Aidan was born in 2017 via emergency c section when the doctors struggled to find his heartbeat. Shortly after birth the doctors told us that Aidan may have Down Syndrome. I didn't like the doctors choice of words which were "baby has features that don't belong to mum and dad" I was heartbroken and didn't know what the future would hold for my tiny baby. I cried and grieved over the child I thought I'd have but didn't. One thing I knew was I would love him dearly.
His dad was much stronger he kissed his forehead and said it didn't matter. I had so many negative perceptions about down syndrome and the internet was good at telling me all the things he would find hard to or wouldnt do. Aidan struggled with his feeding and at 6 months the doctors decided he needed an Ng tube. At 14 months Aidan is still 90% Ng tube fed.
A year on I wish I could tell myself what I know now. Aidan is the most determined baby I know. At 14 months he's already holding on to furniture and walking. Aidan is a happy boy he loves playing with cuddly toys. He loves his big brother and sister who are his biggest cheerleaders. Often when people hear about his diagnosis they start off with I'm sorry, but there's so much beauty in Down Syndrome. Oftentimes Aidan's beauty takes my breath away, his sparkling almond shaped eyes, a captivating smile that often leads to laughter so infectious that the hardest off hearts will melt in response.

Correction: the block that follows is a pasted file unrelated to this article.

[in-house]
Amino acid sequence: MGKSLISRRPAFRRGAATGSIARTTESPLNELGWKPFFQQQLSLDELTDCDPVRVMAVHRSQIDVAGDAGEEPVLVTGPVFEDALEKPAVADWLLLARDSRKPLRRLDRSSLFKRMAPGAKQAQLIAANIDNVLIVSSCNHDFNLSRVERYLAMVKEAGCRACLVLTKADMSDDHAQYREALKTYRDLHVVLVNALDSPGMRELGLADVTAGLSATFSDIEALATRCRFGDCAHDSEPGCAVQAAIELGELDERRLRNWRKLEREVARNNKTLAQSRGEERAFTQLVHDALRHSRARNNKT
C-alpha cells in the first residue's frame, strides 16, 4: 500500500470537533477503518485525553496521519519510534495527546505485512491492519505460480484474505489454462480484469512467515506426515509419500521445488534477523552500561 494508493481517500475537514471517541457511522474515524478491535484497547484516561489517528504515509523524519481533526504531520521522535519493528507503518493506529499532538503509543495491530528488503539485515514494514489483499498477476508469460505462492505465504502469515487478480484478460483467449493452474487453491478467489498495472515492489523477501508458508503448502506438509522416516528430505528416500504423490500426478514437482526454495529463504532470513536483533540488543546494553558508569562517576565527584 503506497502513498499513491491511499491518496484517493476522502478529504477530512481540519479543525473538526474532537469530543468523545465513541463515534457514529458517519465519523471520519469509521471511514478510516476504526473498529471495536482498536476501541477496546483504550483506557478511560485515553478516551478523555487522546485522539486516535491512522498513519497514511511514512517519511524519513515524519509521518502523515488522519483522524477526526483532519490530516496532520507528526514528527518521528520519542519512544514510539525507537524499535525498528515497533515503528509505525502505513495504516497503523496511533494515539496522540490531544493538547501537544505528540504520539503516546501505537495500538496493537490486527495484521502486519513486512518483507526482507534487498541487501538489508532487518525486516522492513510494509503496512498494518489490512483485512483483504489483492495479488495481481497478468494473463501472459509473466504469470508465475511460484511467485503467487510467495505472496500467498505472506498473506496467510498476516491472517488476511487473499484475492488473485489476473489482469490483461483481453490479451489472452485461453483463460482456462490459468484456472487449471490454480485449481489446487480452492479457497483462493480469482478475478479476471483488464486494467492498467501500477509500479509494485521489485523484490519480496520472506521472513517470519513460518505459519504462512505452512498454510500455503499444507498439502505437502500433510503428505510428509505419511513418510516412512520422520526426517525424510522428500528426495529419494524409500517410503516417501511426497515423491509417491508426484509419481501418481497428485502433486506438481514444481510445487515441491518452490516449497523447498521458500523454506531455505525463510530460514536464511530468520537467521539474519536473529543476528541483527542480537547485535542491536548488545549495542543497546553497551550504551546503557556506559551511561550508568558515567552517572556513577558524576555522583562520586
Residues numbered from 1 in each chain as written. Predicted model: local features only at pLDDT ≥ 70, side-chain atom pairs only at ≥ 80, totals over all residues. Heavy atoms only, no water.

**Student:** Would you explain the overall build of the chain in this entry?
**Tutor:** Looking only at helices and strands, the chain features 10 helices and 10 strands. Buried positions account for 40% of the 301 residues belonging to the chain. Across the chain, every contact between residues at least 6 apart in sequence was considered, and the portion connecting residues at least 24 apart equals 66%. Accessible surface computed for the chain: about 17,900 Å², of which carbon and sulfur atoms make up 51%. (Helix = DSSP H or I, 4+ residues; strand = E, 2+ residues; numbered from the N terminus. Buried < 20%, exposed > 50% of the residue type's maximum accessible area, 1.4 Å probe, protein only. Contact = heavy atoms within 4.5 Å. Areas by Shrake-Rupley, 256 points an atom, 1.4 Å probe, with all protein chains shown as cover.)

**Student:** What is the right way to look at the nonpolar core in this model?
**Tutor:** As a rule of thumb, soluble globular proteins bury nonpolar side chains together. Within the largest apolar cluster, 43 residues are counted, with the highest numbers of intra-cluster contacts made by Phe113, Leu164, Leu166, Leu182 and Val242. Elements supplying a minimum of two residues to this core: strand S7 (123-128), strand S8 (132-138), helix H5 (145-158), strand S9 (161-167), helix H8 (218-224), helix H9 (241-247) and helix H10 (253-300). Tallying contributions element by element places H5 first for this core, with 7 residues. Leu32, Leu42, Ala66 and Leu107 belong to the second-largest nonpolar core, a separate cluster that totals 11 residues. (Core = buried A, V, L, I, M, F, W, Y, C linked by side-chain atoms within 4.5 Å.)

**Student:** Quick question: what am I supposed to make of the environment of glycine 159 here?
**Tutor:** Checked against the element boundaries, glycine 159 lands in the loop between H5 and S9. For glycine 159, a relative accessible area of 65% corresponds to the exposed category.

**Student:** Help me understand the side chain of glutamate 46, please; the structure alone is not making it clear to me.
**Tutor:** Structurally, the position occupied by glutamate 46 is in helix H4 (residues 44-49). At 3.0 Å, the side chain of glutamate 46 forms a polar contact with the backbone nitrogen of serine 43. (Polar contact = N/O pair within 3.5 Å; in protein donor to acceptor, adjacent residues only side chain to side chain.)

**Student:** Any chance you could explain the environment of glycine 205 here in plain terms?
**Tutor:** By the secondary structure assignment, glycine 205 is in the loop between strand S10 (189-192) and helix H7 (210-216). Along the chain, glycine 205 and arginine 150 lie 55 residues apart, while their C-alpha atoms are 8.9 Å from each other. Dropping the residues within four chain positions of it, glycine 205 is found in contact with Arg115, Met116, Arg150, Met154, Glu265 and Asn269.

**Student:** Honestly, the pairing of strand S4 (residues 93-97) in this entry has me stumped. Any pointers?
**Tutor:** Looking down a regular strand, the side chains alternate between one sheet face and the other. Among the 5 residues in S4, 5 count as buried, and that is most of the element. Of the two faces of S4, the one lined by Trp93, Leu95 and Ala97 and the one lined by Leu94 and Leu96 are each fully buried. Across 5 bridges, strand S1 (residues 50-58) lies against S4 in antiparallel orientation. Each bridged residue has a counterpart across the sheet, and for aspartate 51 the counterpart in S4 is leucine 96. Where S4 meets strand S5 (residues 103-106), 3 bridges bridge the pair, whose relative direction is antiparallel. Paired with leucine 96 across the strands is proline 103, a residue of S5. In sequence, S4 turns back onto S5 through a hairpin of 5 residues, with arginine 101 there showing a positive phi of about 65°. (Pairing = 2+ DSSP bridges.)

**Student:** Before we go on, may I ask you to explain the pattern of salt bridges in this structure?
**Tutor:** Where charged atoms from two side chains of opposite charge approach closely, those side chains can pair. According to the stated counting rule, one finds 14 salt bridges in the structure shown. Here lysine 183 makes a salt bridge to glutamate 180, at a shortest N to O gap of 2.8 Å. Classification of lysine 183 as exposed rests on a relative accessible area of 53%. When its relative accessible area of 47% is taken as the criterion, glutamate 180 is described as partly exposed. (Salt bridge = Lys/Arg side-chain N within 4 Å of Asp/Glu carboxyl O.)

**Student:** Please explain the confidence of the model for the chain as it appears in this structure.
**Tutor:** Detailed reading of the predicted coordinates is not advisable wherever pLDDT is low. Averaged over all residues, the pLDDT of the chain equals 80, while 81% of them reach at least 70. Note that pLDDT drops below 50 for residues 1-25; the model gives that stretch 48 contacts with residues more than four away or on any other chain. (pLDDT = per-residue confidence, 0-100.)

For a long time I wanted to prove to the world that he's just like any other kid but I soon realised that Aidan doesn't have to be like everyone else he can be different and that's ok. After all you can't blend in when you were born to stand out. Let's allow our stereotypical reality to crumble and truly get to know the beautiful person hidden under the label.